INVENTION and DISCOVERY:
Printed Books from Fifteenth-Century Europe
An Exhibition at Bridwell Library, February 1 – May 3, 2010
21. JOHANN HEROLT (d. 1468). Sermones Discipuli de tempore et de sanctis cum promptuario exemplorum. [Reutlingen: Michael Greyff, c. 1479-1482].
Johannes Richenbach (d. 1486), who
conspicuously signed and dated many of his bindings from 1467 to 1486, is
one of the few fifteenth-century bookbinders identified by name. A parish
chaplain at Geislingen near Ulm, Richenbach was the first binder known to
decorate his bindings using metal rolls bearing incised patterns that
created repeating friezes. On Bridwell Library’s unsigned pigskin binding,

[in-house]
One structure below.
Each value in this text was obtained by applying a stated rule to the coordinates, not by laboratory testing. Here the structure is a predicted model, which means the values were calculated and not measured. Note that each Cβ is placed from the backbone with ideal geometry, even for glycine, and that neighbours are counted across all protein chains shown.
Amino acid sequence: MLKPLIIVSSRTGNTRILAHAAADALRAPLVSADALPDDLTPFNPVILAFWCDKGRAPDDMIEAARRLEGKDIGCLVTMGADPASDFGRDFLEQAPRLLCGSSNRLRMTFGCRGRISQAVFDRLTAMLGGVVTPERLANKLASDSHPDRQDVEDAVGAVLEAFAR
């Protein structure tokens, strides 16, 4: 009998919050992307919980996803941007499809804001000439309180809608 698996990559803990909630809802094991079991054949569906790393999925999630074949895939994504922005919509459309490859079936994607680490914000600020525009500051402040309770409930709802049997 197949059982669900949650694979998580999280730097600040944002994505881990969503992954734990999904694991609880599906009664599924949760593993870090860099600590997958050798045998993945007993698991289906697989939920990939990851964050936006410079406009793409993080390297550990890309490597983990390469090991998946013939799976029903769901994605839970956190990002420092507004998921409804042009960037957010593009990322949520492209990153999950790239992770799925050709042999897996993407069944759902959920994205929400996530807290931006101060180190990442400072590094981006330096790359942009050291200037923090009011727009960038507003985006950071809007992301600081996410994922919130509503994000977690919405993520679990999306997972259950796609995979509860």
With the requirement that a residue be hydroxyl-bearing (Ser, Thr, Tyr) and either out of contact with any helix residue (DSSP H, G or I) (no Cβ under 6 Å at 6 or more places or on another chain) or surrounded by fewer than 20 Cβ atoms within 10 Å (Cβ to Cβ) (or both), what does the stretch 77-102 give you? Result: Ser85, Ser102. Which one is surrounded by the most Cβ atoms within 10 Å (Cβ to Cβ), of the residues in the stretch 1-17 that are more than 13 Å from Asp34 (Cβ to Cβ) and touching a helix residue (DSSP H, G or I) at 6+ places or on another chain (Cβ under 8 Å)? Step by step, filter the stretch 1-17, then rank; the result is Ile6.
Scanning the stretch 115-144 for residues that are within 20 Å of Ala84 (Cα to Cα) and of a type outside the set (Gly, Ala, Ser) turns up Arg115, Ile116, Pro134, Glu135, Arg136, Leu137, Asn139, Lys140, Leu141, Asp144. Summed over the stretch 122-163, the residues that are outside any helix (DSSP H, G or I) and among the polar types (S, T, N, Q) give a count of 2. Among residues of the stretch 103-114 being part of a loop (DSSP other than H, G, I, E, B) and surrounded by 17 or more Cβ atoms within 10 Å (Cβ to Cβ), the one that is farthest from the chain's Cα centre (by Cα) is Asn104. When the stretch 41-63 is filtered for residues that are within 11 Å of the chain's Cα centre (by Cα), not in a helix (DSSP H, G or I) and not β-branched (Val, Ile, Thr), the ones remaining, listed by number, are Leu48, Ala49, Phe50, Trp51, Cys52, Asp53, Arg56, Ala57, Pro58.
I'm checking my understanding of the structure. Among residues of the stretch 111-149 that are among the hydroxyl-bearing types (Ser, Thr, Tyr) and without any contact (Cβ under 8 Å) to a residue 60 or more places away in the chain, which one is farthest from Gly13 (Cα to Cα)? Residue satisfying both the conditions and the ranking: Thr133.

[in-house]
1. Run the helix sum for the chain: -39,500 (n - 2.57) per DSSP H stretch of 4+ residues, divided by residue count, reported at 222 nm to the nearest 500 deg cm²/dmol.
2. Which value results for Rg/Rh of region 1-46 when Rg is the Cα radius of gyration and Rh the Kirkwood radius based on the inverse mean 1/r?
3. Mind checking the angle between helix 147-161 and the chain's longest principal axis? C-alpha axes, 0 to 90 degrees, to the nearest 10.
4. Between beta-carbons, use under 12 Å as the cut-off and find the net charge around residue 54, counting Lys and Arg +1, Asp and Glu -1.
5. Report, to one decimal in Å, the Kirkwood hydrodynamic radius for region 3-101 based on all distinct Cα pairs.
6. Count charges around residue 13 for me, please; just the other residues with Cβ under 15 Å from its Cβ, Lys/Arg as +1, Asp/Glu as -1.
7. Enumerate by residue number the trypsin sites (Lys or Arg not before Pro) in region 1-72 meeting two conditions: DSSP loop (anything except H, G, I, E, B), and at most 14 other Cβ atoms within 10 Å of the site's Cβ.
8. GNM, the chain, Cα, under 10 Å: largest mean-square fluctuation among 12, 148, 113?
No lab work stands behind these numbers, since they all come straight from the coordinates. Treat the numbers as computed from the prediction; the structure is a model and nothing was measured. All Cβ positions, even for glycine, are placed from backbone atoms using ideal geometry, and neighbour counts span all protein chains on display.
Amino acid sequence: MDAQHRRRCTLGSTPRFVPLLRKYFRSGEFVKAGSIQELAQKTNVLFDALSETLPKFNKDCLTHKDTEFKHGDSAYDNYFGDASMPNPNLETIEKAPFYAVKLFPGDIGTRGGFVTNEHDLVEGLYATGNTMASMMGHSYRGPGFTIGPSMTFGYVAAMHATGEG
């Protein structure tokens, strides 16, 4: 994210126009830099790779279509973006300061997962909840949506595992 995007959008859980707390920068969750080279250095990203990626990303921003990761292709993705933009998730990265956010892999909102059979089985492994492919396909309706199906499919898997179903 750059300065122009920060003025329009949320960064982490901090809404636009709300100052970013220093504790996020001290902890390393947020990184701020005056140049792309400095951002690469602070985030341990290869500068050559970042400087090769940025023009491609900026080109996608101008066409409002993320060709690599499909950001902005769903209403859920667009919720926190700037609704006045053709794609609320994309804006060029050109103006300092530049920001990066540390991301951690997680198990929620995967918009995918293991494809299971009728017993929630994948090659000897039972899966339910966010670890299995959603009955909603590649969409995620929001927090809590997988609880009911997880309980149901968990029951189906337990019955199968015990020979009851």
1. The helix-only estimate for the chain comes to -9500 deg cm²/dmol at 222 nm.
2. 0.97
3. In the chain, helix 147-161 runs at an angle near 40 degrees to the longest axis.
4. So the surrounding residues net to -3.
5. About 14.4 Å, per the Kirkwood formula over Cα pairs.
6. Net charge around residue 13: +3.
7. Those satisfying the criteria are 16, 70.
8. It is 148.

Richenbach’s rolls consist of floral motifs, hunters and birds, and running
dragons, and his stamping tools include a circular eagle and large rosette,
a lozenge-shaped Head of Christ, and a fleur-de-lis. Other characteristic
features of Richenbach’s style are the title “Discipulus” that he
stamped and painted in large letters across the top of the front cover, and
his unusual habit of adding red and brown pigment to certain blind-tooled
emblems. One of at least sixty Richenbach bindings that survive, Bridwell
Library’s was the last example recorded in private hands before it was
purchased in 2002.
may not be published without the permission of Bridwell Library.